West Philly students cook up on campus

The Netter Center for Community Partnerships helps high school students from West Philadelphia develop their strengths and interests through Leaders of Change, a University-Assisted Community Schools program.

  Fifteen-year old Maya Threndgil (far left) and fifteen-year old Shayla Fleming (far right) make bruschetta, while eighteen-year old Indera Guiton (middle) searches for ingredients for her salmon patties. Photo: Eric Sucar

Hosted at Penn Hillel, the Leaders of Change 2018 Summer Culminating Fair showcased the work of the Netter Center for Community Partnerships’ many programs, including the Agatston Urban Nutrition Initiative (AUNI), which provides job training and leadership development for high school students.

By sharing its model of hands-on nutrition blended with healthy cooking lessons, AUNI’s cooking crews promote nutritional awareness across the community.

Eighteen-year old Indera Guiton mixes ingredients for her salmon patties. Photo: Eric Sucar 

 

High school students from West Philadelphia share healthy-cooking tips and free samples during the Leaders of Change program’s 2018 Summer Culminating Fair.

 

AUNI’s cooking crews promote nutrition through healthy cooking lessons.

This summer, the high school students used a problem-based approach to meet their goals of increasing healthier food consumption in West Philadelphia.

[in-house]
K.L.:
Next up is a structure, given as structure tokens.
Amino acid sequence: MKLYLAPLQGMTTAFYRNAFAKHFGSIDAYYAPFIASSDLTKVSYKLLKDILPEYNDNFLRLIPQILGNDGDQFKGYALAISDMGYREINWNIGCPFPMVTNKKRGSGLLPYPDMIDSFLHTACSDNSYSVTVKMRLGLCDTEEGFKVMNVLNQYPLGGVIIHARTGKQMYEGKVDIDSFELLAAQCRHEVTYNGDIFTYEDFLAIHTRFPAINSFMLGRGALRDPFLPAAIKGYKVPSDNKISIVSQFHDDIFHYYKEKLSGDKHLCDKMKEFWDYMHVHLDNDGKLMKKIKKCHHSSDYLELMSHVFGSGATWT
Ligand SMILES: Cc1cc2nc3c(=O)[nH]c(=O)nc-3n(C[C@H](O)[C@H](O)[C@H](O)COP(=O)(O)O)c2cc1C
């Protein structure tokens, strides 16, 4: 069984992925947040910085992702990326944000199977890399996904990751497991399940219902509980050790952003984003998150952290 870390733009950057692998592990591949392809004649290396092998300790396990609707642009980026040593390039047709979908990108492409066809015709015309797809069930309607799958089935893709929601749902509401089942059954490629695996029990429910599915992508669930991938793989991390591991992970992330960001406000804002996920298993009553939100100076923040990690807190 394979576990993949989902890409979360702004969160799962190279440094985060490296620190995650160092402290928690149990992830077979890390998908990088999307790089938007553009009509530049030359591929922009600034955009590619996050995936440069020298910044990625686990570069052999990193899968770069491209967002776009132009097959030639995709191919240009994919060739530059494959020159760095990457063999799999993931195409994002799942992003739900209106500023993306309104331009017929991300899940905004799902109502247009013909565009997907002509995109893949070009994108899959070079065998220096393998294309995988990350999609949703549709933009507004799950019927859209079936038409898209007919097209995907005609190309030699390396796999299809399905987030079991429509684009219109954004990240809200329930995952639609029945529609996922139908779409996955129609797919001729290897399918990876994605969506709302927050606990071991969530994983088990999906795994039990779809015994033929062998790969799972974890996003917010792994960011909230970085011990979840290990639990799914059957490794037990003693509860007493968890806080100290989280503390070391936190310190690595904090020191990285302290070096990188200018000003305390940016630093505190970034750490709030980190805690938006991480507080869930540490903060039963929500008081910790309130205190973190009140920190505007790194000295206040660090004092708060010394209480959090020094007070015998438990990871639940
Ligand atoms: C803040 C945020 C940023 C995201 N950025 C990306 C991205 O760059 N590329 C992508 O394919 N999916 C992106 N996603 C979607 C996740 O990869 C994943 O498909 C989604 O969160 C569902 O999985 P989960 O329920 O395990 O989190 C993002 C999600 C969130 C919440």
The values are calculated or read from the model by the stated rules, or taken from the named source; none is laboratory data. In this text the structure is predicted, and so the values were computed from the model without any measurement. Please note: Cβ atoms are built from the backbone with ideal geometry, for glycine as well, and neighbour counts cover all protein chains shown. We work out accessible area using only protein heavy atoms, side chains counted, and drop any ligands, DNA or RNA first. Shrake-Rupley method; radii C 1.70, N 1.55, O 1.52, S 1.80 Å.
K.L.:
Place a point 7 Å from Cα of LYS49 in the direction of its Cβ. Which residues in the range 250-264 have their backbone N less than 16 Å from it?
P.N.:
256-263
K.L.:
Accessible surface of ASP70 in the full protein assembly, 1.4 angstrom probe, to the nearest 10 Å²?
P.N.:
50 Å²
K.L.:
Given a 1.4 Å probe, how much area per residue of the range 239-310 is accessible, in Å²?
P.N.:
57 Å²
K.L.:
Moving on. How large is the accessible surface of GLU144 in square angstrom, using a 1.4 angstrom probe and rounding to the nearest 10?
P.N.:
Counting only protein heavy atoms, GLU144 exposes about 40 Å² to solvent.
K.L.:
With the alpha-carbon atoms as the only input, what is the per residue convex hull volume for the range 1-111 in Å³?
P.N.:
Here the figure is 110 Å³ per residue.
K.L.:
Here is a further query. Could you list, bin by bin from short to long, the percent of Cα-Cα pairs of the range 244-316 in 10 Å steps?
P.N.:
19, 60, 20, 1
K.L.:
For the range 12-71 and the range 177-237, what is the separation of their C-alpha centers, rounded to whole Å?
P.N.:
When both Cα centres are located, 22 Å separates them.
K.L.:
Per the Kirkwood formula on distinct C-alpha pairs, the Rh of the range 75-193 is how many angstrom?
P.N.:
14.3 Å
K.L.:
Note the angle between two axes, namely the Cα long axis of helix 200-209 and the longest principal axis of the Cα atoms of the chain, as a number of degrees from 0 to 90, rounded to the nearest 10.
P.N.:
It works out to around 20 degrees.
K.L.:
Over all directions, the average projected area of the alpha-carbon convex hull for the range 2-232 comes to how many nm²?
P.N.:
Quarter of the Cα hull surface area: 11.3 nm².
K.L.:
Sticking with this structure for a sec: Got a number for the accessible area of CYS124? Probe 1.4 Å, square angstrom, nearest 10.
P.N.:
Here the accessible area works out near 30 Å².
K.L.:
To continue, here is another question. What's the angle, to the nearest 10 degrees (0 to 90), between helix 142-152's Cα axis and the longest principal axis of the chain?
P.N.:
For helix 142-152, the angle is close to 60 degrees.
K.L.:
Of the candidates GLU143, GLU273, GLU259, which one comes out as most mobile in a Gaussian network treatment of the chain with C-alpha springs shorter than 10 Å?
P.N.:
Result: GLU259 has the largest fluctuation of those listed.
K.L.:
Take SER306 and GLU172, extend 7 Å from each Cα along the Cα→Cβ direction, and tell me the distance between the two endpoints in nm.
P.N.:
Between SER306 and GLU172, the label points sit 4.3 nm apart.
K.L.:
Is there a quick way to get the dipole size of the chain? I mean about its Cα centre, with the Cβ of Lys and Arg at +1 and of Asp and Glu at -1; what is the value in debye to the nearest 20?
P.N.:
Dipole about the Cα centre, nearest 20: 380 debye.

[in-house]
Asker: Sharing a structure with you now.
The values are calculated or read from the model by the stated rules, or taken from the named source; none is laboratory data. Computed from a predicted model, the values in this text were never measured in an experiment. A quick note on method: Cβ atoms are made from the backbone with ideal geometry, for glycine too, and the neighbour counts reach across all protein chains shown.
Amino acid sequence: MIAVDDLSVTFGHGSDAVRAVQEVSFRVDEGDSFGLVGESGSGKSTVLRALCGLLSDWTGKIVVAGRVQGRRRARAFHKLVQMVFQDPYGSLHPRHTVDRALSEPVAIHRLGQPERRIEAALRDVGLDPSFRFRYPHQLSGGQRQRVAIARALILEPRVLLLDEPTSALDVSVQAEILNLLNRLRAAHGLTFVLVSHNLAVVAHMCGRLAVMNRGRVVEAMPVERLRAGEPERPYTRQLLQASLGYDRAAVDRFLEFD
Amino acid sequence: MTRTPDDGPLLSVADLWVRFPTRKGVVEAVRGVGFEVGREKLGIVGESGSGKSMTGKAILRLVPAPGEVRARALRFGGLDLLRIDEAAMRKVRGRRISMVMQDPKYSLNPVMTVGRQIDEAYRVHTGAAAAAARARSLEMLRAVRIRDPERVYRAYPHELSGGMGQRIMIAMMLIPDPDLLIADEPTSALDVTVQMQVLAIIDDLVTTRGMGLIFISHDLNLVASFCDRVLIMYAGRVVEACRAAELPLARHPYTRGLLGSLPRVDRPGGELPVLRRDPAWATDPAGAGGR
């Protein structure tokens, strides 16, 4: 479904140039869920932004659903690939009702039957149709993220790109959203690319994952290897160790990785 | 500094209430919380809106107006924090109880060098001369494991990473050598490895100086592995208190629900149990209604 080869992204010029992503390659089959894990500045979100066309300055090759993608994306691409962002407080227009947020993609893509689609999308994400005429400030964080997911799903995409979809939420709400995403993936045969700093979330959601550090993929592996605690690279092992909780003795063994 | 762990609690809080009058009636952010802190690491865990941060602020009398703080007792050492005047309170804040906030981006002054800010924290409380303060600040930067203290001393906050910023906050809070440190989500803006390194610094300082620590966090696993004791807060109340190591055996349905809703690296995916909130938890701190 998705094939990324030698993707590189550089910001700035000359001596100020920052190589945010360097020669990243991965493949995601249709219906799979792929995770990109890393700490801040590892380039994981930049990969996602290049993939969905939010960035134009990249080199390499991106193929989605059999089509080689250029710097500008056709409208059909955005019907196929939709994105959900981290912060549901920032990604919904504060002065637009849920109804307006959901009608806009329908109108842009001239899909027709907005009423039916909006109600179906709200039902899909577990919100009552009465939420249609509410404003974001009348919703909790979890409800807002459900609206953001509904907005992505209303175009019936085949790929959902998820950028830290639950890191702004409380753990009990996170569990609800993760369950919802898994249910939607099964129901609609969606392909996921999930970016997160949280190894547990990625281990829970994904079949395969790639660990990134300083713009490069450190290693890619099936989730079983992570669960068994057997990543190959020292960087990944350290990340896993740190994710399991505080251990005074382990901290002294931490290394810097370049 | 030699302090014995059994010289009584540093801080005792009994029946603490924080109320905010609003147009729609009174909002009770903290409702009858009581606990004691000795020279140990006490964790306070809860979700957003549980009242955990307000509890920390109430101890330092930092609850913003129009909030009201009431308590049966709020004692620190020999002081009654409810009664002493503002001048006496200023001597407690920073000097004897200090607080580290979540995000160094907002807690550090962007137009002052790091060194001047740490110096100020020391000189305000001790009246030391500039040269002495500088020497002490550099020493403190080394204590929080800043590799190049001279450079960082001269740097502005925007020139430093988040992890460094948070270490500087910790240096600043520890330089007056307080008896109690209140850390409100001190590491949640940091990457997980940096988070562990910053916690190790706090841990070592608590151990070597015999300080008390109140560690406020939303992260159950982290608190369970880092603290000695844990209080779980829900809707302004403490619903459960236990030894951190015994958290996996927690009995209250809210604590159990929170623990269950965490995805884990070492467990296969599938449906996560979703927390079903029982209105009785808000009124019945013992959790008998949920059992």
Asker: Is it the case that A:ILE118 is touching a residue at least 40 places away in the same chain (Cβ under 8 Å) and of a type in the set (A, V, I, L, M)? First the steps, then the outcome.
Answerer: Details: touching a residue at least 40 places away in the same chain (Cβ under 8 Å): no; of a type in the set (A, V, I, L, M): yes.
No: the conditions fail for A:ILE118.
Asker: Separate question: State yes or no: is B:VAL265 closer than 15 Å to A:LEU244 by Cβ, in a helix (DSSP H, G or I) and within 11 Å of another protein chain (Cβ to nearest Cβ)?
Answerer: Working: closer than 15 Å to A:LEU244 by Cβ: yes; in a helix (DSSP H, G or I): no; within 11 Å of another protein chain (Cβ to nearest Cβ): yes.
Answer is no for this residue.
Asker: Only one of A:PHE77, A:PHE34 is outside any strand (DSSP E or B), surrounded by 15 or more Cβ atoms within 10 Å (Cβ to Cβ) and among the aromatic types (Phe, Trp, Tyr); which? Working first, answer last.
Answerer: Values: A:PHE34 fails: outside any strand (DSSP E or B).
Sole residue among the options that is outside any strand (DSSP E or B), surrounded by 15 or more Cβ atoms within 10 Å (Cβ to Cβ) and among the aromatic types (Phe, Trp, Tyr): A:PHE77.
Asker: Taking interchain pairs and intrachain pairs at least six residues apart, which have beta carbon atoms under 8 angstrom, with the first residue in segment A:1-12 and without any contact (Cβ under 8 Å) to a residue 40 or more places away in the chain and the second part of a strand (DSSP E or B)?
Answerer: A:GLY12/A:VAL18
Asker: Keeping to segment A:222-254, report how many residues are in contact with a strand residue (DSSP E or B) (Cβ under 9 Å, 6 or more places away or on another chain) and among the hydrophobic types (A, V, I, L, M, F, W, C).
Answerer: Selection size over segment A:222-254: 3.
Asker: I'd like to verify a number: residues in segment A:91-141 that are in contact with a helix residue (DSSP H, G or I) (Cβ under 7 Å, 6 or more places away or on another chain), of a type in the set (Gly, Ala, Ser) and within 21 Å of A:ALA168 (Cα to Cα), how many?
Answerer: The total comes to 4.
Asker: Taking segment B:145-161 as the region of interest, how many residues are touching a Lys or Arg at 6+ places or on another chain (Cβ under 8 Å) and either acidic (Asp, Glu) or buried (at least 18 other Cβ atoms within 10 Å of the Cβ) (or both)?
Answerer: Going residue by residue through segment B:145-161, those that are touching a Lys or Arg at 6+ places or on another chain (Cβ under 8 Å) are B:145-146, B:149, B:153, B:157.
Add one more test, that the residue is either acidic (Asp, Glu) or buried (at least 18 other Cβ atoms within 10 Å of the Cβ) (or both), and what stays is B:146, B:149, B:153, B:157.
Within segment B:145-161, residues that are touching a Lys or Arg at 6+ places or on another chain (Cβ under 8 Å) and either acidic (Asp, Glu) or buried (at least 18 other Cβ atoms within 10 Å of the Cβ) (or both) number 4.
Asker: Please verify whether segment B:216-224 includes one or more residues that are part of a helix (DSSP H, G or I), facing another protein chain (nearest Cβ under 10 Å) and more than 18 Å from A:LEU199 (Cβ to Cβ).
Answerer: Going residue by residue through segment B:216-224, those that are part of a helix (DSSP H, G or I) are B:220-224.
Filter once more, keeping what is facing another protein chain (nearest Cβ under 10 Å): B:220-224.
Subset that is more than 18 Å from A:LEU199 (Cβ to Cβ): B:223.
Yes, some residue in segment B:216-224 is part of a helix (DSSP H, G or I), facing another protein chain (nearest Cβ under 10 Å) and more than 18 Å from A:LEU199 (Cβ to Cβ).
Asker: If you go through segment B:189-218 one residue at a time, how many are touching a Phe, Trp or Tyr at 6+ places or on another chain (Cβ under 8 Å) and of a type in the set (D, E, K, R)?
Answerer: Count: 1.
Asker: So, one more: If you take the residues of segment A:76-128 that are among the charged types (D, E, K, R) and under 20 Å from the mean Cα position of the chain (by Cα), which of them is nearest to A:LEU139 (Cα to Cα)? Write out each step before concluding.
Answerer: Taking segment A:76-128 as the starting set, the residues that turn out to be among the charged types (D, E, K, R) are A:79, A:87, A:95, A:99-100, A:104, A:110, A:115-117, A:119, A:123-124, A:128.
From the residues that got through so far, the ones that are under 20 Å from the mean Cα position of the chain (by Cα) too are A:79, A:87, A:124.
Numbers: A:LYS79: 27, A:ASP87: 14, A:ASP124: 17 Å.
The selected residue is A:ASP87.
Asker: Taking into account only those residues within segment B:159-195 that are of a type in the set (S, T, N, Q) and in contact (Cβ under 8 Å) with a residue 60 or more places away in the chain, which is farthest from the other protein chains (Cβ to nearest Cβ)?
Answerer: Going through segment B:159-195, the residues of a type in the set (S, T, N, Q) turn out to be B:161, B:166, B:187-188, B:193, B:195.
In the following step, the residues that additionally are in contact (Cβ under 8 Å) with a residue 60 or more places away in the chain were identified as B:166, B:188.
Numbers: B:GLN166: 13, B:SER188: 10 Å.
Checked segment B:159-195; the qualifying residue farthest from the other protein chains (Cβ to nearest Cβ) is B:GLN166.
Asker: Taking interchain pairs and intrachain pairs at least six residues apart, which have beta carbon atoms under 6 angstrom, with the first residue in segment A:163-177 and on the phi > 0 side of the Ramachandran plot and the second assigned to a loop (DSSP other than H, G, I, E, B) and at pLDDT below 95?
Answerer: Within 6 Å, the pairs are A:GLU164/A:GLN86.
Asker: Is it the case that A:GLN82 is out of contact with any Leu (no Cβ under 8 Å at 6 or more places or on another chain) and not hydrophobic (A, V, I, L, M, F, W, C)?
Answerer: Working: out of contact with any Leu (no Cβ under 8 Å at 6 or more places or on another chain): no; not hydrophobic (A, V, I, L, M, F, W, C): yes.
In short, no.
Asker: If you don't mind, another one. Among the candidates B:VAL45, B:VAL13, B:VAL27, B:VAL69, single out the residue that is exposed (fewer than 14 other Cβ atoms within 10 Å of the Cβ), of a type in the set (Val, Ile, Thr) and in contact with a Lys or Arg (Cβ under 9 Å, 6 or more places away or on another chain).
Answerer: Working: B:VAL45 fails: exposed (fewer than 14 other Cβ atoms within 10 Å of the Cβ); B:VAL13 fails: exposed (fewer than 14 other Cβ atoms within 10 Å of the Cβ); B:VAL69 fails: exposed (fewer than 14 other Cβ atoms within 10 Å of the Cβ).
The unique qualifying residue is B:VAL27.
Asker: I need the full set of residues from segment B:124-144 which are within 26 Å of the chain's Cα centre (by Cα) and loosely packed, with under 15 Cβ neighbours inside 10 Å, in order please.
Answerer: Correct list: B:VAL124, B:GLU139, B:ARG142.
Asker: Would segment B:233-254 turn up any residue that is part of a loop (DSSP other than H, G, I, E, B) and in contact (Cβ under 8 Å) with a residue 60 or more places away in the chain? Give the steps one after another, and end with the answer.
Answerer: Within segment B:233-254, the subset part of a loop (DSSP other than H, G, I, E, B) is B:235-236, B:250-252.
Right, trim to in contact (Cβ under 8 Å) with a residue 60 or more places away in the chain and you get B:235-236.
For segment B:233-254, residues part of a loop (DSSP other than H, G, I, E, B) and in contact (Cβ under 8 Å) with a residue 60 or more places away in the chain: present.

Through the Netter Center, students also participated in summertime internships with local businesses and Penn vendors, developing essential skills while gaining on the job experience. 

  Sixteen-year old Jadah Arthur presents her ‘Mindfulness’ project. Photo: Eric Sucar

The culminating fair, held Wednesday, Aug. 8, also featured many other programs that fall under the Leaders of Change umbrella, including:

  • The garden crews, who planned, maintained and harvested the gardens located at Sayre and Robeson High schools, while exploring the complexities of growing organic produce in an urban setting.
     
  • Rebel Ventures, a youth-driven, nonprofit social enterprise, where youngsters learned about public health and entrepreneurship by running a food business. 
     
  • Health Pipeline, through which Penn’s Master of Public Health students and faculty helped program participants learn about how their field keeps communities healthy by preventing chronic and infectious diseases, as well as reducing health disparities. The second half of the program introduces high school students to public health as a career field by providing hands-on learning, and fieldwork experiences that promote public health through data collection and analysis.
Through the Leaders of Change program, high school students conducted research regarding challenges facing the West Philadelphia community and presented their findings during the 2018 Summer Culminating Fair.

    Additional programs run through the Netter Center include College Bridge, which helps graduating seniors make a successful transition to college; cross-grade literacy, which pairs Sayre High School students in grades K-through-3 to mentor them and build their literacy skills; cross-grade sports, which provides high school students the ability to develop the skills needed to pursue a career in sports and recreation; Gear Up Summer, which empowers youth to recognize themselves as agents of change in their communities; and the MAKUU Summer Impact, which helps students gain a firmer grasp of the college-admissions process.